Trent Alexander-Arnold comes with an element of risk. The 22-year-old is not a traditional, solid right back who fears crossing the halfway line. Those days are long gone in the Premier League.
Referring to him as ‘the Liverpool defender’ is a stretch. He is much more than that. For the past three years he has been at the heart of the team’s attacking blueprint. The style of football that brought Alexander-Arnold Champions League and title-winning medals in successive seasons was built around width from the full back positions. The Scouser and Andy Robertson, his left-sided counterpart, opened up the pitch, created space for the front three and pinged in cross after cross for a team that looked, at times, unstoppable.
And then Jurgen Klopp’s side got stopped. The defence of the title looked to be spinning out of control in the first two months of this year. Injuries have played a big part in the troubled season but they are not the only factor. After two seasons of playing catch-up with Klopp’s tactics, the rest of the division caught up. The key to neutralising Liverpool’s threat is to stop the full backs.
That has made life difficult for Alexander-Arnold. Although reports of his dip in form have been greatly exaggerated, it has been a testing few months. Opposition sides double up on the full backs. It is not so easy for them to range forward with the impunity they once enjoyed.
The win over Burnley at Turf Moor was another example of the way teams set up against Liverpool. In the early exchanges every effort was made by Burnley to get Dwight McNeil on the ball on the left wing in the space behind Alexander-Arnold. It seemed the home side would get some joy from this approach but the right back’s pace helps bail him out of difficult situations and as the game went on he began to exert more influence in the opposition half. Alexander-Arnold was a constant source of danger, even though Burnley had designed their game to nullify his strengths and exploit his weaknesses.
Has Gareth Southgate taken this into account? There are suggestions that the England manager will leave Alexander-Arnold out of his squad for the Euros. Kyle Walker, Kieran Trippier and Reece James are Southgate’s favoured selections for the position.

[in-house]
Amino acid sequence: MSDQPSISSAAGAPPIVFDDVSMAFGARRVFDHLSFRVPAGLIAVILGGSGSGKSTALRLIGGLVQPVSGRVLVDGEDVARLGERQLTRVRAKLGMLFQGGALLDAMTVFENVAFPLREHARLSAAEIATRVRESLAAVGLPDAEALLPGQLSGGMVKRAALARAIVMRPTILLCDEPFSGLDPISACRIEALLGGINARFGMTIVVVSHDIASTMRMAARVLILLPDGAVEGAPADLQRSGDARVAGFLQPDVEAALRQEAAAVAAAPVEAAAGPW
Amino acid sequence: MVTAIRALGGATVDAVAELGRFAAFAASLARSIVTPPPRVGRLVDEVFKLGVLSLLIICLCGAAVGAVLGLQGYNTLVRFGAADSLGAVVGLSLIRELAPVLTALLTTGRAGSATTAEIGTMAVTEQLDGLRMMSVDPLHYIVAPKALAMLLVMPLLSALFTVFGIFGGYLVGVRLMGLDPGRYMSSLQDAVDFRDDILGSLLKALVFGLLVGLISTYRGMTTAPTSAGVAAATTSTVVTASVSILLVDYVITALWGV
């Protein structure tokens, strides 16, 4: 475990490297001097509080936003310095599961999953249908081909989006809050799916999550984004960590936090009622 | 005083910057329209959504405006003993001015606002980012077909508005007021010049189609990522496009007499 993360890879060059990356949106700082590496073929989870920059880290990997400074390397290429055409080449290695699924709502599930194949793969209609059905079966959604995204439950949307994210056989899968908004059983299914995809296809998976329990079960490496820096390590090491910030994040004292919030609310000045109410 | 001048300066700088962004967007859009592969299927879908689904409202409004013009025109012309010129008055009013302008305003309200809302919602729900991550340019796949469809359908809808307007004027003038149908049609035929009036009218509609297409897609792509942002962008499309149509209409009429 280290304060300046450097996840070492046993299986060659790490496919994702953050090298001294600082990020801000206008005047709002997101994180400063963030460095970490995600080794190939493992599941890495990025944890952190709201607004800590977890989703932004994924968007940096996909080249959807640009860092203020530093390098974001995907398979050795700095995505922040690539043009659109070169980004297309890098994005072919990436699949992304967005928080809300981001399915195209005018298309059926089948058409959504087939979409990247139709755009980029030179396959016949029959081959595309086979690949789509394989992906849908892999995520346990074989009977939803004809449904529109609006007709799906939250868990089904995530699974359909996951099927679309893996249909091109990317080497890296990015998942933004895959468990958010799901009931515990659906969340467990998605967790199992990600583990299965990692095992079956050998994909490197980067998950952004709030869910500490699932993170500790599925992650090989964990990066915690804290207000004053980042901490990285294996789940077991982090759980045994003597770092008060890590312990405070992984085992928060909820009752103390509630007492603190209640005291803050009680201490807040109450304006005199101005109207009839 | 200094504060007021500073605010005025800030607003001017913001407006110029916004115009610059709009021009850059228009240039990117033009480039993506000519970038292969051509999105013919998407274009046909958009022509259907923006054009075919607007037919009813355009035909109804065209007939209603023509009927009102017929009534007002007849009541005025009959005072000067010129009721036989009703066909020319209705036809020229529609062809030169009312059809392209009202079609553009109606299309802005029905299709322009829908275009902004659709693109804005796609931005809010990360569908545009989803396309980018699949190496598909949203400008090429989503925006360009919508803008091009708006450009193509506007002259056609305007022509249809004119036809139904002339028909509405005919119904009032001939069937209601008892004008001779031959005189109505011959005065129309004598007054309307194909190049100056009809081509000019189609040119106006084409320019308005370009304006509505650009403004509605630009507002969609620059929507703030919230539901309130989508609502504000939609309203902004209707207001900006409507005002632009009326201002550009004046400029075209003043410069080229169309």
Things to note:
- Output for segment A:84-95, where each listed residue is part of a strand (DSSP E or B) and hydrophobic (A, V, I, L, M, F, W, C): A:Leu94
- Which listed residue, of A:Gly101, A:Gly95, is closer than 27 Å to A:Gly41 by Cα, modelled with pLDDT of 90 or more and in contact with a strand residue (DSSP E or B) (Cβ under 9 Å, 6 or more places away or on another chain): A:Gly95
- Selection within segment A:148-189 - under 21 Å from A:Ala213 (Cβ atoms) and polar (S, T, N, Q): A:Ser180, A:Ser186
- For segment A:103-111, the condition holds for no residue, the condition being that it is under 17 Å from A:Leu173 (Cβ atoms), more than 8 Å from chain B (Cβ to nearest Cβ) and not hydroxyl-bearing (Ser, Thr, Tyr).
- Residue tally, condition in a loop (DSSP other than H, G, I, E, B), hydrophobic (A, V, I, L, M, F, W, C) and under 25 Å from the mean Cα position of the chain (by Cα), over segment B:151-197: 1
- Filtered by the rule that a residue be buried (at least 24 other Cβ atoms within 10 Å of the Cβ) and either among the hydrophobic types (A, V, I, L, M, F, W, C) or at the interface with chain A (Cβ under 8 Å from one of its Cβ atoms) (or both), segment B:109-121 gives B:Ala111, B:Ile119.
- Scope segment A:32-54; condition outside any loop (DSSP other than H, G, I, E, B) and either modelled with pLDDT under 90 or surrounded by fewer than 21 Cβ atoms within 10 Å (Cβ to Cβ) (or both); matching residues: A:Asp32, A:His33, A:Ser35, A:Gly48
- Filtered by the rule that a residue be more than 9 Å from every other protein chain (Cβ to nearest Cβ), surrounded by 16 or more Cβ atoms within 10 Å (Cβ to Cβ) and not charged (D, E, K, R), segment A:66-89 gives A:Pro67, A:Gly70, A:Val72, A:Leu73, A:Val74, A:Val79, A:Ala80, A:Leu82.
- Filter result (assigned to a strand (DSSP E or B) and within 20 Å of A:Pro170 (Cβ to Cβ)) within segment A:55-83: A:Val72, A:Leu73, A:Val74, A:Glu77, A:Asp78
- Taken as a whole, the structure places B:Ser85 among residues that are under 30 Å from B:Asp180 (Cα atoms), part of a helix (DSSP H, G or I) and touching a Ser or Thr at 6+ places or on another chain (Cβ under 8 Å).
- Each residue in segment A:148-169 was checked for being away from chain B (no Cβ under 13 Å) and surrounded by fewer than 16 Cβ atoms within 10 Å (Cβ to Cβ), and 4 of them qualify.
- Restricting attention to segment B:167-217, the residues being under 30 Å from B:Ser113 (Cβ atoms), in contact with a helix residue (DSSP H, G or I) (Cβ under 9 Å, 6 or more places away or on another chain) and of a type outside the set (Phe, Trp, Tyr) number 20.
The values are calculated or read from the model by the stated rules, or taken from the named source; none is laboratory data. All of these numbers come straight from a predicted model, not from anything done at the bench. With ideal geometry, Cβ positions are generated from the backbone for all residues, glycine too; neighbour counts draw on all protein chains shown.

It is surreal that Alexander-Arnold could be excluded from a 26-man squad. He is one of the most talented players available to England in any position and has as much big-game experience as anyone in the squad. Walker, Trippier and James have all had good campaigns but surely no opposition coaches have ever had sleepless nights designing a gameplan to stop any of that trio? Rival managers approach matches against Liverpool by focusing on how to marginalise Alexander-Arnold.
Put in that context, the season has not been a bad one for the Liverpool youngster. There have been some ugly moments – the 1-0 defeat by Burnley at Anfield and the away defeats to Southampton and Real Madrid stand out – but more often than not Alexander-Arnold has been up there with the team’s best performers. Mohamed Salah has scored 30 goals and Fabinho has put in some fine shifts, especially out of position in the defence, but the right back is in the running for Liverpool’s player of the season. Robertson has battled manfully on the left but the dropoff in the Scot’s production has been more pronounced that Alexander-Arnold’s. As good as Robertson is, he does not have that extra touch of style of his team-mate.
All of Southgate’s full back options are classy operators. Of all the players that Tottenham Hotspur have sold for seemingly inflated prices over recent years, no departure had such a negative impact on the team as Kyle Walker’s exit to Manchester City. Trippier grew in stature in Russia three years ago and has benefitted from the experience of playing in La Liga for Atletico Madrid. James has been excellent for Chelsea and has much more improvement in him at the age of 21.
Southgate has a decision to make over Alexander-Arnold
Alexander-Arnold is still a notch above. His passing is superior and his pace is at least the match of his rivals. His vision sets him apart. One of the reasons that he is sometimes exposed for Liverpool is that Klopp believes that the positives from pushing him forward are worth any negatives at the back. If Southgate requires him to be more circumspect and take on a deeper role, he will listen to instruction. Most of the mistakes that have been attributed to Alexander-Arnold are the result of failings elsewhere in the Liverpool side – the lack of a high press, for example. The team are playing in a different manner to the all-conquering days of last year but Alexander-Arnold is being asked to perform the same role.
Is it worth the gamble? Results over the past month suggest it is paying off. It is a bonus to have a player who can turn games from right back. Things might be different if Southgate’s other choices were known for their defending but all three are thoroughly modern operators who love to function in the opposition half.
Liverpool will not complain if Alexander-Arnold is exiled from the Euros. The extra rest will do him good. But if an international manager can afford to leave someone this talented at home for a tournament, then his team had better go a long, long way in the competition or serious questions will be asked. That’s an even bigger risk for Southgate than picking Alexander-Arnold.
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